With the smart lab, Daimler champions an in-house think tank for the development of digital services specifically tailored to the smart model range. For the smart lab team, there are no limits to exploration: We interview Chief Portfolio Officer Jakob Luickhardt on the team’s work in Germany – and beyond.
The first time we meet Jakob Luickhardt, he is addressing a crowd at a small outdoor stage. As a member of the Future Cities Pitch jury, a start-up contest hosted by the 2017 Tech Open Air (TOA), he and his fellow jurors evaluate novel ideas for urban living pitched by young innovators. After this, the crowd gets entertained by the sounds of a DJ who beams his electronic beats from the roof of an old bus all across the sprawling former East German radio premises, an area on the banks of the River Spree temporarily taken over by the tech festival. In between, Luickhardt takes some time to tell us about the progress of the smart lab, from initial idea to the latest beta testing, before he heads over to deliver his own talk on the novel and innovative smart “ready to” services.
Mr. Luickhardt, where automotive brands used to focus on large, traditional motor shows, they are now also frequently sighted at all key tech and internet festivals. So, are you equally at home at the Tech Open Air and, say, the upcoming Frankfurt Motorshow (IAA)?
Jakob Luickhardt: I have to admit that I also really enjoy classic motor shows. I love beautiful cars. But here at TOA you are exposed to a completely different energy and dynamics. It’s fun to be part of it all.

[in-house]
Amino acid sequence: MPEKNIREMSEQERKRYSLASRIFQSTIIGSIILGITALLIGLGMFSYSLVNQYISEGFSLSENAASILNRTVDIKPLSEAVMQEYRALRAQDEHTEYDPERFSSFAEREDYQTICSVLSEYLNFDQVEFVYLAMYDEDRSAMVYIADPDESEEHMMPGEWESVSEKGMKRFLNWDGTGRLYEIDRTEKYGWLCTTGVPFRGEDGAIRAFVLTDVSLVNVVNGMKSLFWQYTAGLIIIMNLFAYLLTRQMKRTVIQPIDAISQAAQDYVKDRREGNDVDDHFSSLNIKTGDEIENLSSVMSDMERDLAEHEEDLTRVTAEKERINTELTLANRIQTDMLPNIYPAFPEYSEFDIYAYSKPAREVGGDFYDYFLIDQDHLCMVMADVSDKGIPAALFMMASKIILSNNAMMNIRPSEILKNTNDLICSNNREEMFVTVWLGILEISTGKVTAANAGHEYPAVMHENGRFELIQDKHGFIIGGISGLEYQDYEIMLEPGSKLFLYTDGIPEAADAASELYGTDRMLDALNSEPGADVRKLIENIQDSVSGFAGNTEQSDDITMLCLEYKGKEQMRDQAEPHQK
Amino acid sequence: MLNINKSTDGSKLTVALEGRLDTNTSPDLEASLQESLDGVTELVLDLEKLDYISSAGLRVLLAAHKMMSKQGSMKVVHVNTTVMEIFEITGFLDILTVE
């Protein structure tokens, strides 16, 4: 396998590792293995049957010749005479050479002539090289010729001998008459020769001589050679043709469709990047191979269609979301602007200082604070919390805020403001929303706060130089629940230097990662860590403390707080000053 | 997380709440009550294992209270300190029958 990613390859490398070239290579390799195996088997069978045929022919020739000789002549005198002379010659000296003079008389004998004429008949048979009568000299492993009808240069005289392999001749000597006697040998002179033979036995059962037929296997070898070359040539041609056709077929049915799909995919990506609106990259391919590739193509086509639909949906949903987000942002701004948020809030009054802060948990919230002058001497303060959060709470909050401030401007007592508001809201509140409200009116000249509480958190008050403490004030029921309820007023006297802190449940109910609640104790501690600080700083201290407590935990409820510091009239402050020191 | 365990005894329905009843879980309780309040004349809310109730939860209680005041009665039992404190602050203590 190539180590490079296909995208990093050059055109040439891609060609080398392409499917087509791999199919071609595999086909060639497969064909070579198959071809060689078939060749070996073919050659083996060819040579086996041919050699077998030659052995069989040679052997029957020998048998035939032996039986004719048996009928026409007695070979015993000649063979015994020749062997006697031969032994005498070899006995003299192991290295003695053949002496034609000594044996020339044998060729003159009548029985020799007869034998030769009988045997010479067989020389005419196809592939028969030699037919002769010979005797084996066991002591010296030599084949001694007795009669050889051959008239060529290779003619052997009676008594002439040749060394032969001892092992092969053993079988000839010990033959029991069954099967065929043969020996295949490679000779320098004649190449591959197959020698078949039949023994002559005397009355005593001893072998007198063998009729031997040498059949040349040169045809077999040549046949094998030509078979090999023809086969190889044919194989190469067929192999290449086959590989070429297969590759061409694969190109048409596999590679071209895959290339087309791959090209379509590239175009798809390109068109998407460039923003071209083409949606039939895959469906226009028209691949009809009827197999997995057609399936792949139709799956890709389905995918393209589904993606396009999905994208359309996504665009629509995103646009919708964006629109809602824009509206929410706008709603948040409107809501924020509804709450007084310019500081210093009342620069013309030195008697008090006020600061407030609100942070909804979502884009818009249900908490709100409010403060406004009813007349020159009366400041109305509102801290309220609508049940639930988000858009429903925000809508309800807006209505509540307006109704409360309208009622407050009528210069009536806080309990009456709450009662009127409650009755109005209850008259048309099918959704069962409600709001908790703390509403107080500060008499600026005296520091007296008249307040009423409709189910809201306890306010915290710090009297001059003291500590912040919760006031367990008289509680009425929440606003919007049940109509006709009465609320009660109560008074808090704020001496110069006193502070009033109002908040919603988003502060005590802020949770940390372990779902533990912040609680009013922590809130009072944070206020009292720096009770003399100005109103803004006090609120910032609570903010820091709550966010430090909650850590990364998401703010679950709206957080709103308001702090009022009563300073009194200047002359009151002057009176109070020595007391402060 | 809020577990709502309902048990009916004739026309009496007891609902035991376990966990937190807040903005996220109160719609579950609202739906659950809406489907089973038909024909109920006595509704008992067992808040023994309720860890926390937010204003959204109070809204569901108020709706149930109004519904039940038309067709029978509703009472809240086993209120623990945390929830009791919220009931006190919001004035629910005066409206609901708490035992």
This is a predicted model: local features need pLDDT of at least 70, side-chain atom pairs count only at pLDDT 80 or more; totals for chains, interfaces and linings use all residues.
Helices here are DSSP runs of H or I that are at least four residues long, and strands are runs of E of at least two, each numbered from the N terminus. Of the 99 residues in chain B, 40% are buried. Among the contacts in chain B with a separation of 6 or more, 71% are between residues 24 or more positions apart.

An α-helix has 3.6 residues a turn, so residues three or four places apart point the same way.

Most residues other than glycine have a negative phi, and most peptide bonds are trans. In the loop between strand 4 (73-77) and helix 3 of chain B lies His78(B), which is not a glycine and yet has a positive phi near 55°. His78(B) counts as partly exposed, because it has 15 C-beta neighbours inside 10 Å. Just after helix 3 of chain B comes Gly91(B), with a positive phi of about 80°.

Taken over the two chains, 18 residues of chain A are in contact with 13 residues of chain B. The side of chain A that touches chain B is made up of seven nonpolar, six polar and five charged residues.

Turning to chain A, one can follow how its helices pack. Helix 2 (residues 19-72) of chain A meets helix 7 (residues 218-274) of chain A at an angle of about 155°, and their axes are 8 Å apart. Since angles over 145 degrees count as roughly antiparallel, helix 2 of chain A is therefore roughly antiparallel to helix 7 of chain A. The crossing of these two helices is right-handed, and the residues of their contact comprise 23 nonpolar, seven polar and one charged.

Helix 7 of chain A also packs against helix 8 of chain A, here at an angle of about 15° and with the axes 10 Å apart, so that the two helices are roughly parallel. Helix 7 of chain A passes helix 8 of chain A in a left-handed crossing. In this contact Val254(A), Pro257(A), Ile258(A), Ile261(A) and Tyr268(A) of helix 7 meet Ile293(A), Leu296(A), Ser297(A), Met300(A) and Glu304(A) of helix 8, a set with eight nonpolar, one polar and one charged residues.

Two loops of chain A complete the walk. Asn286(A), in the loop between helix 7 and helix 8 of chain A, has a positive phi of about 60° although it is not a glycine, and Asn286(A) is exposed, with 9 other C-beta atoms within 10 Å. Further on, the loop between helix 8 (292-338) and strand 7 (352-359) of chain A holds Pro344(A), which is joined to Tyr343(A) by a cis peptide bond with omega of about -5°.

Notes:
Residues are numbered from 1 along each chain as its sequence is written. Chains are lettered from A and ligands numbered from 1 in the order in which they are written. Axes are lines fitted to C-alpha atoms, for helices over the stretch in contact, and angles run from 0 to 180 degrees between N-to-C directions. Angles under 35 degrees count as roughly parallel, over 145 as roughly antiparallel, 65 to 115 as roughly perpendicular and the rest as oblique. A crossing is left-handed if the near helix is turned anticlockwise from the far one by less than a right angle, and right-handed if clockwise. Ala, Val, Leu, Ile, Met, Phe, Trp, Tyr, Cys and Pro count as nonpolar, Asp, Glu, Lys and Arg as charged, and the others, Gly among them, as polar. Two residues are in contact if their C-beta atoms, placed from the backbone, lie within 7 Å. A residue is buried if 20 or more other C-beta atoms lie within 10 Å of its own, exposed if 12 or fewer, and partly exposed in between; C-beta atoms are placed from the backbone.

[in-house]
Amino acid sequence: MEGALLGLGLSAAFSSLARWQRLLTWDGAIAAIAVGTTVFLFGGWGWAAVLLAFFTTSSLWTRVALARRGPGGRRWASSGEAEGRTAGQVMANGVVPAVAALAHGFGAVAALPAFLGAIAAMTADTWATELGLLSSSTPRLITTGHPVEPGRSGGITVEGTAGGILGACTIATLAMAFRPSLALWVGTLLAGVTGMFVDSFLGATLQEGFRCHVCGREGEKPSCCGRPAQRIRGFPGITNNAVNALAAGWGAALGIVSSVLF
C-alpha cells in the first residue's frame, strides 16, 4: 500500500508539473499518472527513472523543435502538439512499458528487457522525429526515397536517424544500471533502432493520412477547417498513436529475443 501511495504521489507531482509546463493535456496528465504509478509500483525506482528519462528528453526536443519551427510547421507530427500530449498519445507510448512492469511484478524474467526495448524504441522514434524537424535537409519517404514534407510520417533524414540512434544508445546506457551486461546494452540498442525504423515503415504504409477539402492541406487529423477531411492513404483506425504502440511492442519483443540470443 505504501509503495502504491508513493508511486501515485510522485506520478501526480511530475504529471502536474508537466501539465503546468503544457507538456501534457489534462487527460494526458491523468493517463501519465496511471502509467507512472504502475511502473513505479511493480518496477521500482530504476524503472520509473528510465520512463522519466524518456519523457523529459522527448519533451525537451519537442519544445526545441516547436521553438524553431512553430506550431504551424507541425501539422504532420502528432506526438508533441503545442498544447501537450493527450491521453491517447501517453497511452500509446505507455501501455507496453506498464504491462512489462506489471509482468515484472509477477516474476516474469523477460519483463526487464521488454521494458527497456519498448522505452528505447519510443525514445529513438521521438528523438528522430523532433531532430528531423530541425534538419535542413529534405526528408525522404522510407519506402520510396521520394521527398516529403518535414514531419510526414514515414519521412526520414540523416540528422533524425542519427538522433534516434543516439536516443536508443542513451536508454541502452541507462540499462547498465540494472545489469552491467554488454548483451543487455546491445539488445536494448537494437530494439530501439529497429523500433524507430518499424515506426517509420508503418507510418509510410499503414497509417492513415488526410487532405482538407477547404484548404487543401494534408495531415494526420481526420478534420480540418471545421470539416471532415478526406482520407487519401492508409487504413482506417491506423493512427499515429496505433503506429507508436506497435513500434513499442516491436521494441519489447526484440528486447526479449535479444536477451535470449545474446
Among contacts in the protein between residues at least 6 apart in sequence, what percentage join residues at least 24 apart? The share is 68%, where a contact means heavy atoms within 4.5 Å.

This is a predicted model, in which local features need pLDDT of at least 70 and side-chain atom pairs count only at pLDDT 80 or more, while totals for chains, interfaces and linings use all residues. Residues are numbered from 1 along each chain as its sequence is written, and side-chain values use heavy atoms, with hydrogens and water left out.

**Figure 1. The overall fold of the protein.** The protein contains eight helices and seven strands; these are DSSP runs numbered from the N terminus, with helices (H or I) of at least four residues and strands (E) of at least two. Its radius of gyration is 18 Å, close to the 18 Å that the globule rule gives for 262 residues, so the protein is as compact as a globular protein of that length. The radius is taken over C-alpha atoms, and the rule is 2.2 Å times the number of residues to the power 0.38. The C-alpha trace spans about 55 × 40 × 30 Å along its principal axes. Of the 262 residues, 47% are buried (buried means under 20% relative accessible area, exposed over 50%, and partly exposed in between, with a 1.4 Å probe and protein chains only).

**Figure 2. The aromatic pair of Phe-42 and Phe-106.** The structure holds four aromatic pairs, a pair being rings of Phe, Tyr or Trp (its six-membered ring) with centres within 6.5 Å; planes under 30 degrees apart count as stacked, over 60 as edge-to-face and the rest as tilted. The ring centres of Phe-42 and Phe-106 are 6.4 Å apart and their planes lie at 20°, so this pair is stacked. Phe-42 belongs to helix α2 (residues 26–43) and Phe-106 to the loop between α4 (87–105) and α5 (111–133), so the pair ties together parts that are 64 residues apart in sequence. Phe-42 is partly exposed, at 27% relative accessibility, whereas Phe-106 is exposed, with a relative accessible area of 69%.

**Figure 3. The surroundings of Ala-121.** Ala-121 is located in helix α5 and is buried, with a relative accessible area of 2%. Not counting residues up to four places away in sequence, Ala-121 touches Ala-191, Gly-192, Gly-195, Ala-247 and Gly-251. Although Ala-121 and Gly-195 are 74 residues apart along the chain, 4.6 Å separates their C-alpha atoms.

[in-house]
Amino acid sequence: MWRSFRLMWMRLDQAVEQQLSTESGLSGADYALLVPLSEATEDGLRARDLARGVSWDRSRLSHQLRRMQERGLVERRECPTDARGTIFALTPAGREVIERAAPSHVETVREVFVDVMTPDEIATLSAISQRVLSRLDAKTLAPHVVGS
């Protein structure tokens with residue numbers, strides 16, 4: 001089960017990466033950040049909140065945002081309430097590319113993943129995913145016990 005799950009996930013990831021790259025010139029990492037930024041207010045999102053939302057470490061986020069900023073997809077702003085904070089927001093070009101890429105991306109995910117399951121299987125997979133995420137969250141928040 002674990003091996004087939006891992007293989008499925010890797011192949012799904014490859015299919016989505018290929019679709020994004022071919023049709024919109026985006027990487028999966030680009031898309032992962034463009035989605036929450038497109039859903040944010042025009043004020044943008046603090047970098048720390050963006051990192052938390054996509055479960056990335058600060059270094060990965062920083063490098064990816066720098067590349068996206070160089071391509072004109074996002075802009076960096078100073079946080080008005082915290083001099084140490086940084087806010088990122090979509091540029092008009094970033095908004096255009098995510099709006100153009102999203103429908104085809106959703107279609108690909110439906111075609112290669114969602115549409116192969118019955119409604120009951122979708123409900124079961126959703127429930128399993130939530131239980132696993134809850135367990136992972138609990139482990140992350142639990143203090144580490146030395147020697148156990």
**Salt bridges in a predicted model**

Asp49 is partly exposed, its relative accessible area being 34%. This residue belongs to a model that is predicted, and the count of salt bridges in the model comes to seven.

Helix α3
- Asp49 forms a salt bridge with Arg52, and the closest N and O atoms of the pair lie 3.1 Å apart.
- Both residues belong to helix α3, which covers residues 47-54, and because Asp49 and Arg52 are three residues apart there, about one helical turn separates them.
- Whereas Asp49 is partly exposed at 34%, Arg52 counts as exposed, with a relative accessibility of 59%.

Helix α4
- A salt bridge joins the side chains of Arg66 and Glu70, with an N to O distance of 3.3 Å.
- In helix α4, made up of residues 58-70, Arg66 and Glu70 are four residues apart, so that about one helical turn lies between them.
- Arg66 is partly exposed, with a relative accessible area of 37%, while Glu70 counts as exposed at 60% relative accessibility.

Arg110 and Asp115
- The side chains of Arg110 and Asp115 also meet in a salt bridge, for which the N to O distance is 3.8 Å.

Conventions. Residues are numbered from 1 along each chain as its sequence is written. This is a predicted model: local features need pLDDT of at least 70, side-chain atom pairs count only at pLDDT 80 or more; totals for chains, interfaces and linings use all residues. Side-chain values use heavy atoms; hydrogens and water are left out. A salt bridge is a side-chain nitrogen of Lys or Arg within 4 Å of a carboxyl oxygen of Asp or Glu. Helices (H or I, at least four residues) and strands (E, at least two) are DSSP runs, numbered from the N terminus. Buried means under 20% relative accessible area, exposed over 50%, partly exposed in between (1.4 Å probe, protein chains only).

You’ve just returned from a stint on the Future Cities Pitch jury where new start-ups got to present their own ideas. One of the participants actually started his pitch with the statement that the car industry is still stuck in the past. How would you counter such a claim?
Jakob Luickhardt: Daimler and smart are deliberately future-oriented. We are well aware of the need to react faster to changing customer needs and the challenge we face with increasing connectivity and brand-new information flows. We are also working to make sure that the next 130 years of individual mobility are just as sustainable and innovative.
What does this strategy mean for smart?
Jakob Luickhardt: Basically, we are designing the smart to become the ultimate urban assistant. And one thing is certain: It will be customized. At our smart lab, we are taking first steps into this direction. The current round of beta testing is now taking our ideas and existing services like smart “ready to drop,” smart “ready to share,” or smart “ready to park+” to the next phase and level. And each of these ideas needs to meet the customers’ approval and capture its region.
Only recently, you introduced the smart “ready to” services to Italy. What are your expectations?
Jakob Luickhardt: Italy remains one of our strongest consumer markets – and Rome is the epitome of a smart city. Here, smart is part of the urban landscape with more than 100,000 models on the road in a single city. Yet even so, parking in Rome is almost impossible. A good friend from Italy likes to compare parking in Rome with finding water in the desert. Anyone who comes up with a working solution is king. That’s something we want to explore further. So, we deliberately started a smart lab in Italy – by Italians for Italians – to ensure that we do justice to the idiosyncrasies of a Mediterranean market. And we can still learn a thing or two from our Italian colleagues. For example, that sharing is not only about rationally dividing costs, but also about a bit more amore. It’s about shared urban community. Sharing remains at the center of it all.